Think about it -- when is the last time you met a great salesperson? The top MBA programs in the country offer paths in marketing, finance and entrepreneurship, but not sales (something they'd be good at given their adroitness in selling overpriced degrees). What we finally need to realize is that sales is a hard skill. Selling well is not a nice-to-have. In tech more than most industries (except for used cars, perhaps, though I'd say we're giving them a run for their money), salesmen and saleswomen are the people everyone loves to hate. In doing so, you cause real harm to every aspect of your business, from your bottom line to the beloved company culture. After all, without salespeople, your customers don't buy and your business doesn't run. As a company, it is imperative to build a system that supports your salespeople as they start a thousand new relationships with each of your customers. As a CEO, it is your job to not only create a culture and system conducive to actually making money, but also to lead by example. They think they are too good to sell, or that it will tarnish their M.O.
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Tech is suffering from a fundamental imbalance. Everyone wants to be a visionary without realizing they need to be salesmen, too.
It’s a widespread and shocking oversight. We constantly bemoan the lack of technical talent, citing shortages of talent in fields like engineering and computer science, but don’t realize we’re facing a similar crisis in a role that essentially every business needs.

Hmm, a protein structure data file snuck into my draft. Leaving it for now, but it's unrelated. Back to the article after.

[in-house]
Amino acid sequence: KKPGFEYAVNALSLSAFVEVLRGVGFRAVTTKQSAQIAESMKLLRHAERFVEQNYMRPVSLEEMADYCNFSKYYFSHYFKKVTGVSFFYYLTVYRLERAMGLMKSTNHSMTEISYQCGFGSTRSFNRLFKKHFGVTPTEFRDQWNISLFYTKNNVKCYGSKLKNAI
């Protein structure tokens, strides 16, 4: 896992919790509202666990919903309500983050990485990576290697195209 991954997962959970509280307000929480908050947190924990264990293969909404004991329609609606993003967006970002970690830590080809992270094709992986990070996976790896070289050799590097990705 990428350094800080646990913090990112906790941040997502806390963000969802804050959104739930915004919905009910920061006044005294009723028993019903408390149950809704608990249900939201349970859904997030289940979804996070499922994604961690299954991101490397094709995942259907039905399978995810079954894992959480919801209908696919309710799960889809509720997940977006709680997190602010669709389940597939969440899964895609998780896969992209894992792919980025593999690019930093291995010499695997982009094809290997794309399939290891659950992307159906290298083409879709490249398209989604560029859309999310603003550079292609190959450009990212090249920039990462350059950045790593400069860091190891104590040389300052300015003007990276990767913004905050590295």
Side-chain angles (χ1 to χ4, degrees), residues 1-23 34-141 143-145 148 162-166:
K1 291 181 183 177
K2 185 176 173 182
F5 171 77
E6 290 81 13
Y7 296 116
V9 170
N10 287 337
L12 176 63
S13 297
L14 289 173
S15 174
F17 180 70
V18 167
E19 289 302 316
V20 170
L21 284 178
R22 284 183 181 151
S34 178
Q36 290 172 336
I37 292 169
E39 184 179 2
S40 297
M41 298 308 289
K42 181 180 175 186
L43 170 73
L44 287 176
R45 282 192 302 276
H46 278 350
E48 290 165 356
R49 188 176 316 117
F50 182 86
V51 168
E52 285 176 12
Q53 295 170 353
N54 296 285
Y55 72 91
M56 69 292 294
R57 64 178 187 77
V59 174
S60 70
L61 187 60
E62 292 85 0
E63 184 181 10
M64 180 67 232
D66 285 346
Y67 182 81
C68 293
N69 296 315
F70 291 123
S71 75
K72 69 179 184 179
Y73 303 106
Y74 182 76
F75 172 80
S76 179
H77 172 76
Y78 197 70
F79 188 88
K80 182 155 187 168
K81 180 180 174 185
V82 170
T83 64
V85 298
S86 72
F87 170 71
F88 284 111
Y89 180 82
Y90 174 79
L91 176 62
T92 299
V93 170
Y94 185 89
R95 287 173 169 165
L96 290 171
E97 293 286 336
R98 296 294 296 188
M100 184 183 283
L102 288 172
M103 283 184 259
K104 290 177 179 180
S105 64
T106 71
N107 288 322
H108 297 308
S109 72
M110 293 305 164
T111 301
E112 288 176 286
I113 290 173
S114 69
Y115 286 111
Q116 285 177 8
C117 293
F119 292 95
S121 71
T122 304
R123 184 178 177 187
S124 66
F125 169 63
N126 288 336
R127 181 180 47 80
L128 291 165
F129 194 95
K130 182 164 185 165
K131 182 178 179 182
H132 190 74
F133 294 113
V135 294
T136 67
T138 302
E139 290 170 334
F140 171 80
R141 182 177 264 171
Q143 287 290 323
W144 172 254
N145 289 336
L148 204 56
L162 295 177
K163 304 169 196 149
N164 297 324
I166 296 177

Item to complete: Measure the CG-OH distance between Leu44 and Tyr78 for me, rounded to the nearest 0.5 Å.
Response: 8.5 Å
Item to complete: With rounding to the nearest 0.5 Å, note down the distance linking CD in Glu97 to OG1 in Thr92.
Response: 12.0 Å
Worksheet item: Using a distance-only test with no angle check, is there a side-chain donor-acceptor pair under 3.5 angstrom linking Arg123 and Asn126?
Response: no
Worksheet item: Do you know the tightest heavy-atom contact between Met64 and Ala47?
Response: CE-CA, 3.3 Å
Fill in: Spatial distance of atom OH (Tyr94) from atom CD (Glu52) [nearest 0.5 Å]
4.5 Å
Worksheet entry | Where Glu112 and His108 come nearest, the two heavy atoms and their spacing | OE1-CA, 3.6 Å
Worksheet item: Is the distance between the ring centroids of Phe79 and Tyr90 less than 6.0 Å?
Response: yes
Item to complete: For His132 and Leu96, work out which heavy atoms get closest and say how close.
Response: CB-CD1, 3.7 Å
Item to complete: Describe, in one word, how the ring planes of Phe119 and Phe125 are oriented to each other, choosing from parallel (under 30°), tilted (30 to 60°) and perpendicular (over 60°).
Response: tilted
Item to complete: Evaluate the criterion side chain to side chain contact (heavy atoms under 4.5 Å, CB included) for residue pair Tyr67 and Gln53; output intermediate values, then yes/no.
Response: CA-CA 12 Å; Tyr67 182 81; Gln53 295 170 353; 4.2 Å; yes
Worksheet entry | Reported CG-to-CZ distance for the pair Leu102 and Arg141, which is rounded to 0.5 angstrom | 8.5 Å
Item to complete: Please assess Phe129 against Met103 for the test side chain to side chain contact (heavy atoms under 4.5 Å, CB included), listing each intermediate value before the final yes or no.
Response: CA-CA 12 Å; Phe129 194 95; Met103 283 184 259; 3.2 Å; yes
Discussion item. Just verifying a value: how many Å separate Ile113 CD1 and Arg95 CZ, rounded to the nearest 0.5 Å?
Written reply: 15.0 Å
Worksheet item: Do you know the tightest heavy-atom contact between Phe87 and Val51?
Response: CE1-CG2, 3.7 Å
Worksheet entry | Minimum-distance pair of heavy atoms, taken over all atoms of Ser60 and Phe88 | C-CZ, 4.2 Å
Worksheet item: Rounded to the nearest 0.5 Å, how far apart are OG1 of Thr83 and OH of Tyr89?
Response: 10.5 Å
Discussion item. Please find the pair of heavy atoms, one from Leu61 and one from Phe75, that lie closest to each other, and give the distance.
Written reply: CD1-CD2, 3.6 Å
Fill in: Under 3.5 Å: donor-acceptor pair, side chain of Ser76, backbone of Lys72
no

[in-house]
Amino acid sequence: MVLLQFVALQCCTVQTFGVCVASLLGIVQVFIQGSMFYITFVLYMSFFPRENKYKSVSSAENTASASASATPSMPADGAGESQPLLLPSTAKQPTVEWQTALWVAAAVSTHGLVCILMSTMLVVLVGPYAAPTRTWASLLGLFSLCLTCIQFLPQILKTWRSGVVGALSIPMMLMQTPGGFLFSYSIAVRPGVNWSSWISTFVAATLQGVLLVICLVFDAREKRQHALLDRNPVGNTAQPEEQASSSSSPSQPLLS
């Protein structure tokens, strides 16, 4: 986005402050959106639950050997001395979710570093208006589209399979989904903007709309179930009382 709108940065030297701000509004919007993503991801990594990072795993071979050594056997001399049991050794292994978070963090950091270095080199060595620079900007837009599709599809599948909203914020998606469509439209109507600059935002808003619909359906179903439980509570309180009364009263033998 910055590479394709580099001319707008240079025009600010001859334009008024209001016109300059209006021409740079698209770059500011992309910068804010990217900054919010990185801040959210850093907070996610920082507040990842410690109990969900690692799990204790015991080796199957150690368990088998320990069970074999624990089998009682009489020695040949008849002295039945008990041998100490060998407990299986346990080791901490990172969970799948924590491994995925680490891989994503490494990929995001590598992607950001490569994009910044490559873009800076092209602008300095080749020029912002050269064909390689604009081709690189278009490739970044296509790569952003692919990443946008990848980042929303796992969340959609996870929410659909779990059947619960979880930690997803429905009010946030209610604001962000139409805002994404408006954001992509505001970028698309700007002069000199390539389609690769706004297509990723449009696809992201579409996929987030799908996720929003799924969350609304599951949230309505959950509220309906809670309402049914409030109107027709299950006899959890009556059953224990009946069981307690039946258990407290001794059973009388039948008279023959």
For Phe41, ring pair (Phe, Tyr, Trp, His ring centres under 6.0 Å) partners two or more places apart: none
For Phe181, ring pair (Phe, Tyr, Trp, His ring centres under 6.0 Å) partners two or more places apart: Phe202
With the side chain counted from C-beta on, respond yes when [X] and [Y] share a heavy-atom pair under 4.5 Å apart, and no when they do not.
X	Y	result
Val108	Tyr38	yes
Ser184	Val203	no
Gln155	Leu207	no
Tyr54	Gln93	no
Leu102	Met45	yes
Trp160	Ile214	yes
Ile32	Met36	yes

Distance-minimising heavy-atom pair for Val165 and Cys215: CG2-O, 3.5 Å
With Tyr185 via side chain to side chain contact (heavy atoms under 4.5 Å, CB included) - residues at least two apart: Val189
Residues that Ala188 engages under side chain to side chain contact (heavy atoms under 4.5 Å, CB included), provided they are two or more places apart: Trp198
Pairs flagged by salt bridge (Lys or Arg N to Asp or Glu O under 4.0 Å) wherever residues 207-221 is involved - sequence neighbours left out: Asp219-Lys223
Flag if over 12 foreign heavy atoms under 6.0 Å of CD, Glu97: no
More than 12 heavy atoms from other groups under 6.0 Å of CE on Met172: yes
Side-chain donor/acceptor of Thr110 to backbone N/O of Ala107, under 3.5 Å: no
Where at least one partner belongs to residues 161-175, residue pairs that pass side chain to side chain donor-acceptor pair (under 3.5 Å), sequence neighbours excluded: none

Think about it — when is the last time you met a great salesperson? And no, I’m not including selling “yourself” or “ideas” under this designation. The top MBA programs in the country offer paths in marketing, finance and entrepreneurship, but not sales (something they’d be good at given their adroitness in selling overpriced degrees). This gap in education is a symptom of misplaced arrogance that assumes anyone can be good at sales if they just give it a shot. What we finally need to realize is that sales is a hard skill. As such, it deserves the same training and serious study more lauded degrees like finance receive.
However, before I teach you how to overhaul your relationship with sales, it’s important to first look you in the eye and tell you a hard truth, entrepreneur to entrepreneur. Even as the social stock and real capital of “thought leaders,” “influencers” and “disruptors” grows, so too does the doubt around the impact and true value of these companies. Eventually this bubble is going to burst, meaning you need a better long-term strategy to success than a well-executed Twitter campaign or viral op-ed.
While I have long been a proponent of good marketing and branding, I am also painfully aware that they alone won’t save you or your business. Selling well is not a nice-to-have. It’s survival, and here’s how you stay alive.
Start with your culture.
In tech more than most industries (except for used cars, perhaps, though I’d say we’re giving them a run for their money), salesmen and saleswomen are the people everyone loves to hate. They often rank lower than politicians and bankers in terms of perceived trustworthiness, which is a hard hit considering today’s political climate. Some words that come to mind, according to a study by Daniel Pink in his renowned book, To Sell Is Human, are “pushy,” “difficult,” “annoying,” “sleazy” and, believe it or not, “ugh.”
Because of this stigma, organizations go to great, and often silly,…